Ferret Friendly Facts and Advice by Erika Matulich, Ph.D.

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A Flea-Free Ferret!

 
 
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Summer's Biggest Problem: Fleas on Your Ferret!

Erika Matulich

Itch, itch, ITCH! Morgan leaped awake from his sleep sack and violently scratched. Uh-oh, better check for fleas. Although the "jump and itch" is common ferret behavior, during the summer it's a good idea to look for fleas. I blew on Morgan's fur on his neck and belly, and sure enough, a black spot was cruising along. I immobilized the flea with a drop of liquid soap and smashed it. But now it was time for the real work to begin. One flea will have other ferret-feeding friends!

How to find the fleas
When the weather gets warm and humid, ferrets get fleas. This often happens when other house pets carry fleas in from outside. Flea eggs can remain dormant for up to two years waiting for victims, so if you moved or bought used furniture, a flea attack may surprise you. Check your ferret by running a flea comb through her fur, or blow on her fur to see the skin. Fleas are reddish brown to black and about the size of a pencil tip. Dark specks in the fur that look like dirt are flea droppings. Look for fleas and their residue between your ferret's shoulder blades and on her stomach.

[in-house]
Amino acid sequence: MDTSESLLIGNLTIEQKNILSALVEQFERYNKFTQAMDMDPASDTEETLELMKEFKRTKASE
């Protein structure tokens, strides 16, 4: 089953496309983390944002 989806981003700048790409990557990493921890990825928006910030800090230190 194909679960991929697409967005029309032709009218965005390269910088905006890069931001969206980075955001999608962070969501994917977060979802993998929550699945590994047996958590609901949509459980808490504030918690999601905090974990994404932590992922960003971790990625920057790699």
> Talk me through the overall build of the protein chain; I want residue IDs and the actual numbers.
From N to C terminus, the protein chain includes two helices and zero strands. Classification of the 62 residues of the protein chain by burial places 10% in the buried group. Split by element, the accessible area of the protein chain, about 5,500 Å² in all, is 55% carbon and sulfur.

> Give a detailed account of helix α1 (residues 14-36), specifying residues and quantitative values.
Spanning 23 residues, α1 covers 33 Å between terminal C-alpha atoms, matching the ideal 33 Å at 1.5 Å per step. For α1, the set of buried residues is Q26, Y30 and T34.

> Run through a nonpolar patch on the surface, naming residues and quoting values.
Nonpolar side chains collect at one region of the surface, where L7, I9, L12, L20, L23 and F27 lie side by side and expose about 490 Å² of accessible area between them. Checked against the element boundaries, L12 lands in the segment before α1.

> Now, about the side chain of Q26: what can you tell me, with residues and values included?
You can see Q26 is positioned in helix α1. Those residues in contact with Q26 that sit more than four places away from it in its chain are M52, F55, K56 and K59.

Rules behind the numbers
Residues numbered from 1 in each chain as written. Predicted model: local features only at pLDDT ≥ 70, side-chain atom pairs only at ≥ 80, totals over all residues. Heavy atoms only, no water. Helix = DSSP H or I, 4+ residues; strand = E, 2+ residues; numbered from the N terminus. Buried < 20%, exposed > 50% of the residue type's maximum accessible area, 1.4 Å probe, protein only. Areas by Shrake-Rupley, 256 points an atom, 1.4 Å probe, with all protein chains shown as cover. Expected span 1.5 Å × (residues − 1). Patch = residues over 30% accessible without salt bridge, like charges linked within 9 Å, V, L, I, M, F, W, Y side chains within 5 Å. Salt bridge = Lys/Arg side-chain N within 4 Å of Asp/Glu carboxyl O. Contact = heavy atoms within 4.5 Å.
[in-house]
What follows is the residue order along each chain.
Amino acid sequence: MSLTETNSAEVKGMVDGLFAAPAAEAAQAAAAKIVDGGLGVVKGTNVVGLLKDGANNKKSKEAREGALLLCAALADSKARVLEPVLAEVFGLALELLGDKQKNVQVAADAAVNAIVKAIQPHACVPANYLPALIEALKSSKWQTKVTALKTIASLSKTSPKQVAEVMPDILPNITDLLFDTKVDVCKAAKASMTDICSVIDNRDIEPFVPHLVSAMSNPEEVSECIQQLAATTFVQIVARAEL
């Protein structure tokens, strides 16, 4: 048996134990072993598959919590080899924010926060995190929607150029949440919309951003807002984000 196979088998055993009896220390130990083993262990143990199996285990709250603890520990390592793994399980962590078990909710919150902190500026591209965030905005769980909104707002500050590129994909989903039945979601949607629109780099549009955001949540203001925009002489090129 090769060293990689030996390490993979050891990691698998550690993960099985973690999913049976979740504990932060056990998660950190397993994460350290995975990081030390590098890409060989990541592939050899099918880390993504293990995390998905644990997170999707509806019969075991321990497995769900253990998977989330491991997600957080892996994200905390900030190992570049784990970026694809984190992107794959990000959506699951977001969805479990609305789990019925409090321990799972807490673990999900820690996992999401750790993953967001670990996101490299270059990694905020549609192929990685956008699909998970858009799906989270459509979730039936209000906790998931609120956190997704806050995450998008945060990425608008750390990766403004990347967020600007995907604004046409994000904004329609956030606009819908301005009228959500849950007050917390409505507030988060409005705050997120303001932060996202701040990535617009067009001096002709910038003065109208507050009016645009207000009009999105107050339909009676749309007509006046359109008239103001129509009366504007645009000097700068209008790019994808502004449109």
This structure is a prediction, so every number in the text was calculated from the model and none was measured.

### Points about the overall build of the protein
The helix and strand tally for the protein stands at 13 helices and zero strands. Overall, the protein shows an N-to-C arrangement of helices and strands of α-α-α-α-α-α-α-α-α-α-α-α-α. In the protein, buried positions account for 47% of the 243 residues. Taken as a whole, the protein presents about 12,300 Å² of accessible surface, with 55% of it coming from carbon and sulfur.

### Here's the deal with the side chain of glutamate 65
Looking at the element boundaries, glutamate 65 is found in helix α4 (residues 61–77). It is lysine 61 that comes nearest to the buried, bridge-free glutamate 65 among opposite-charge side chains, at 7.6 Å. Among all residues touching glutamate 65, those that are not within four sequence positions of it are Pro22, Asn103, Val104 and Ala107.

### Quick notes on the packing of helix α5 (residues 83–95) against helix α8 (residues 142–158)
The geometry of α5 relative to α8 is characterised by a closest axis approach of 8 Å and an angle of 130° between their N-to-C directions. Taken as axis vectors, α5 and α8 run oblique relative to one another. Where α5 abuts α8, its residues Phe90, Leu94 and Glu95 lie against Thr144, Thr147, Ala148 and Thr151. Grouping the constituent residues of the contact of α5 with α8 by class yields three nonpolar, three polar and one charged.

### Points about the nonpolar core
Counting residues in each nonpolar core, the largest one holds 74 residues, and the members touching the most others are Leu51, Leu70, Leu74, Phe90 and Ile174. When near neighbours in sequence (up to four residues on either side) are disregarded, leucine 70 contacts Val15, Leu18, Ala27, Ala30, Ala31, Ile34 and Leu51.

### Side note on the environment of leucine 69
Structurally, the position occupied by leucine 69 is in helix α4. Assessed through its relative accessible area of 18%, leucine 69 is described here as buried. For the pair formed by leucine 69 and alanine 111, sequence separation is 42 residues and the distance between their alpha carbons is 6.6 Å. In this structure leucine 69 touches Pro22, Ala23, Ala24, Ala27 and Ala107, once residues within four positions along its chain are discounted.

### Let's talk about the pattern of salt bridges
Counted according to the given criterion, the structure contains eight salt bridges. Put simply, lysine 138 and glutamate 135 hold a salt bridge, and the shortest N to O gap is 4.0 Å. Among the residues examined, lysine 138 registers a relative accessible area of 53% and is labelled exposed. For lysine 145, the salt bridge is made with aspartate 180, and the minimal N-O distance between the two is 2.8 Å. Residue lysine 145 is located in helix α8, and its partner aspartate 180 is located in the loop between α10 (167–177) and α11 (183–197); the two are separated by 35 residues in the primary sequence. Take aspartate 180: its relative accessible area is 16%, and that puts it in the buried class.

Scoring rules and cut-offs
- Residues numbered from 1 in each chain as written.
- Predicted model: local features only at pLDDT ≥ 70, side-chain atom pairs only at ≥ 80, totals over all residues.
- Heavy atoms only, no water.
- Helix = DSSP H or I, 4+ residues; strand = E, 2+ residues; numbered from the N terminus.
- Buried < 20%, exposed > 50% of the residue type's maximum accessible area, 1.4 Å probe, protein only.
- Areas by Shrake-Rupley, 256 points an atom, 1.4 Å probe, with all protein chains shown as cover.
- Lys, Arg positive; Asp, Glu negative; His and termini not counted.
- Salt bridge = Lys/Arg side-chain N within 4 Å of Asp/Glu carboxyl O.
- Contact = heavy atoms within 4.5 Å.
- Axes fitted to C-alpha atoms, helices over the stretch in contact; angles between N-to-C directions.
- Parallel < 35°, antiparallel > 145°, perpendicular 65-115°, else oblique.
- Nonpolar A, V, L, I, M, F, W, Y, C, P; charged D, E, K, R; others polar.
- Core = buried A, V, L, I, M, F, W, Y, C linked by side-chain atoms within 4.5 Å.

Some ferrets are more allergic to fleas than others and may develop bald patches or inflamed, scabby skin in addition to itching. Ferrets scratch for a number of reasons (some serious and some not), so don't assume your ferret has fleas until you've seen one on him.

Getting rid of the fleas
To rid a ferret of fleas, first bathe him with flea shampoo. Check the shampoo label: It must be suitable for kittens. The active flea-killing ingredient should be pyrethrins. Don't use anything containing organophosphates, carbamates or petroleum distillates. They may be harmful to ferrets. Use a flea comb to remove fleas from the ferret's face, and keep soap away from eyes and nose. Avoid most pet sprays and all dips; they are toxic and could harm your ferret. Flea powders cause lung problems in ferrets. A new product designed specifically for ferrets is the flea towelette. These wipes are easy to use, kill existing fleas and repel future fleas for another two weeks.

Treating the house
Next, treat the ferret's environment. Launder all bedding in hot water. Treat floors with flea spray or powder, then vacuum (don't let your ferrets touch floors until it is safe to do so). Don't put carpet flea powders directly on your ferret. You can use cut-up flea collars in your vacuum cleaner bag to kill flea eggs inside. Flea collars, however, should never be used on a ferret. They contain dichlorvos, which causes severe skin irritation and can lead to serious health problems. On the nonchemical side, many natural flea repellents contain cedar oils, which are also toxic to ferrets. Check ingredients carefully.